The IBM 704


Photo: Lawrence Livermore National Laboratory

The IBM 704 Computer (1954). The first mass-produced computer with core memory and floating-point arithmetic, whose designers included John Backus, formerly of IBM Watson Laboratory at Columbia University (who also was the principal designer of FORTRAN, the first widespread high-level language for computer programming), as well as Gene Amdahl (who would go on to become chief architect for the IBM 360 and later start his own company to rival IBM). The 704's 6-bit BCD character set and 36-bit word account for FORTRAN's 6-character limit on identifiers.

Here's a group photo of IBM Customer Administrative Class 941, 3 May 1954, on the 704, which includes 704 designers Gene Amdahl and (Watson Lab alumnus) John Backus, plus fellow ex-Watson-Labber Herb Grosch (who contributed the photo) and other pioneers of computing:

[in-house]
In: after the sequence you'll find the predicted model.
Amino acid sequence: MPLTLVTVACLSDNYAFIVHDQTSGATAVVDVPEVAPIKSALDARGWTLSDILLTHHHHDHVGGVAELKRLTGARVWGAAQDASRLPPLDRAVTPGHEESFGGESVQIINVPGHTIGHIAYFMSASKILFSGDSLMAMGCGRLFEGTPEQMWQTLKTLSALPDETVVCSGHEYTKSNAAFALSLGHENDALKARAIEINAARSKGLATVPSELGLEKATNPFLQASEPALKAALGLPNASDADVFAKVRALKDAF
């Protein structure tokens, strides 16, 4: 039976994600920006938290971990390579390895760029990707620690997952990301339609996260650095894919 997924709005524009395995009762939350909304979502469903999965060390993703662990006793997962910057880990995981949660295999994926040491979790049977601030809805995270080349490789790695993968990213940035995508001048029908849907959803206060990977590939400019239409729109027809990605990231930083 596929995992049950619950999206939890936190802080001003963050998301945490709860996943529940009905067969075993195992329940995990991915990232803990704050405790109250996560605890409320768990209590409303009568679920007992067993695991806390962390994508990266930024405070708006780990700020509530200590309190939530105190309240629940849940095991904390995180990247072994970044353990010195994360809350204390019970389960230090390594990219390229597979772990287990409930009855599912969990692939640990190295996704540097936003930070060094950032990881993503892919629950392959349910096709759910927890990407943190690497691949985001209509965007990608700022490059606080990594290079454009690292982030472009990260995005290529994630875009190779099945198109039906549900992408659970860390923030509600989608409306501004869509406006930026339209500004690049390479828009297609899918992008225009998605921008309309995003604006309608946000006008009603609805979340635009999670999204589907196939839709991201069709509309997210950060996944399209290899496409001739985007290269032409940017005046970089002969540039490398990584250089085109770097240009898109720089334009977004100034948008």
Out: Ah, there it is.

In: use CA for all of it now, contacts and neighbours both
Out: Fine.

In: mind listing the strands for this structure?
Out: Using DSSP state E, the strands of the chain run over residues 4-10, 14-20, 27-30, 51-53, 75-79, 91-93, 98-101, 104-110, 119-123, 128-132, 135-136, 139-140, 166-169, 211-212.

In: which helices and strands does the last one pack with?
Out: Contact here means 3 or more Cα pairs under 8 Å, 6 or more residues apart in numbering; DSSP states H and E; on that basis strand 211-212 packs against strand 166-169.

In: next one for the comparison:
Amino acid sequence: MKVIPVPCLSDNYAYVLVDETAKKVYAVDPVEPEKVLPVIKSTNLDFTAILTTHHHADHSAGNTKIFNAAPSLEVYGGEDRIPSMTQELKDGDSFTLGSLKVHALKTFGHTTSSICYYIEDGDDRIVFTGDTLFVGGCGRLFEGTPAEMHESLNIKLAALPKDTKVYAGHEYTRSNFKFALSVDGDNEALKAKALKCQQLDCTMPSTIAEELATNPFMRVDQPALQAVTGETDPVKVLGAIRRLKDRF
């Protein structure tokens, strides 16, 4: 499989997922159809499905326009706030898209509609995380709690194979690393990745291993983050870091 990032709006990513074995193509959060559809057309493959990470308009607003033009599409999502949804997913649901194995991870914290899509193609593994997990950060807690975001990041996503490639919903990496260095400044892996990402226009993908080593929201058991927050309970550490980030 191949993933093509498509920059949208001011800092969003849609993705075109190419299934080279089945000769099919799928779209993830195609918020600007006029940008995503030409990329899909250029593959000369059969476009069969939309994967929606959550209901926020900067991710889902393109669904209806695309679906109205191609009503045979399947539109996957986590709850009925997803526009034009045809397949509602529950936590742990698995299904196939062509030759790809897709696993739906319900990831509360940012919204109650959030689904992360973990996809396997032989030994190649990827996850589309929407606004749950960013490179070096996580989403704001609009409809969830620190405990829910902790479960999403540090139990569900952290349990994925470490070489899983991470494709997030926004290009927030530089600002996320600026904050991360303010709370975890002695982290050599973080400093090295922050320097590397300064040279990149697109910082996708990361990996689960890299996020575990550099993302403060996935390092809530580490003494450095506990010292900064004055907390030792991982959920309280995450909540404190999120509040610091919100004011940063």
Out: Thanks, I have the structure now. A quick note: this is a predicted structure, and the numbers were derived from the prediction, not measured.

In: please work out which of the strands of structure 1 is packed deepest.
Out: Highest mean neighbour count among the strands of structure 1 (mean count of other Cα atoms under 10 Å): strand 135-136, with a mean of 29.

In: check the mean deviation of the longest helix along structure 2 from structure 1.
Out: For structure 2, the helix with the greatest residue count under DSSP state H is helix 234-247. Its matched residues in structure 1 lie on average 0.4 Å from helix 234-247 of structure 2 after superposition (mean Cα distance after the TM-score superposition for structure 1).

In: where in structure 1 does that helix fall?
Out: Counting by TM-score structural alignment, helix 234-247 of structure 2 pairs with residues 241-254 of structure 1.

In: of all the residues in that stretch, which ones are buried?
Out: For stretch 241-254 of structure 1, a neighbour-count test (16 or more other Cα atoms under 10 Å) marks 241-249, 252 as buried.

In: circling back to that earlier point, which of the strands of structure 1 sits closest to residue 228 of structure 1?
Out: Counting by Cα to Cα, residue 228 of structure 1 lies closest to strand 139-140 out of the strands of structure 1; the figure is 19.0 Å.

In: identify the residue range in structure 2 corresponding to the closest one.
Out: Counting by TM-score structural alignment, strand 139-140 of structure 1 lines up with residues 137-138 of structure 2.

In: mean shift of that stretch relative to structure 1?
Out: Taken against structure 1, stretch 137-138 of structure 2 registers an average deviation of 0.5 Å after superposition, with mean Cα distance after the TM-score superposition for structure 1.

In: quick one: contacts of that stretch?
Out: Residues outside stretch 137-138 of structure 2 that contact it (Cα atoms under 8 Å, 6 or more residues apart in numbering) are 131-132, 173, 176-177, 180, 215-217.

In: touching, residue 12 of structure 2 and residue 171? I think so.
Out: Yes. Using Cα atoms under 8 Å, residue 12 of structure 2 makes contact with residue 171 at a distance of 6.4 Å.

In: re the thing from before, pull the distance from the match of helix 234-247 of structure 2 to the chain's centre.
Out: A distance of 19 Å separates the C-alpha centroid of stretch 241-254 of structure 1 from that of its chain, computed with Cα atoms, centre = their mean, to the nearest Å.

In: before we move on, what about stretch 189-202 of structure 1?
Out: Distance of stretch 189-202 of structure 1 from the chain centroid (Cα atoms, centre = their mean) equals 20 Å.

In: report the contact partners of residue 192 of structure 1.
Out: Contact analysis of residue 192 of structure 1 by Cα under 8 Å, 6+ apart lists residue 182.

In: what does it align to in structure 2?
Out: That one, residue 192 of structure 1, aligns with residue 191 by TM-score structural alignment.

Photo: IBM, courtesy of Herb Grosch. Click for details and full-size image (1MB).

Here's another photo that highlights the 704's floorspace requirements, which were too great for the space available in Watson Lab and forced Columbia to return an NSF grant for the purchase of this machine, a factor which led to the creation of the Columbia Computer Center:


Photo: W.J. Eckert, "Calculating Machines," Encyclopedia Americana (1958)

References:

Links:


Frank da Cruz / fdc@columbia.edu / Columbia University Computing History / Feb 2001 - Sep 2003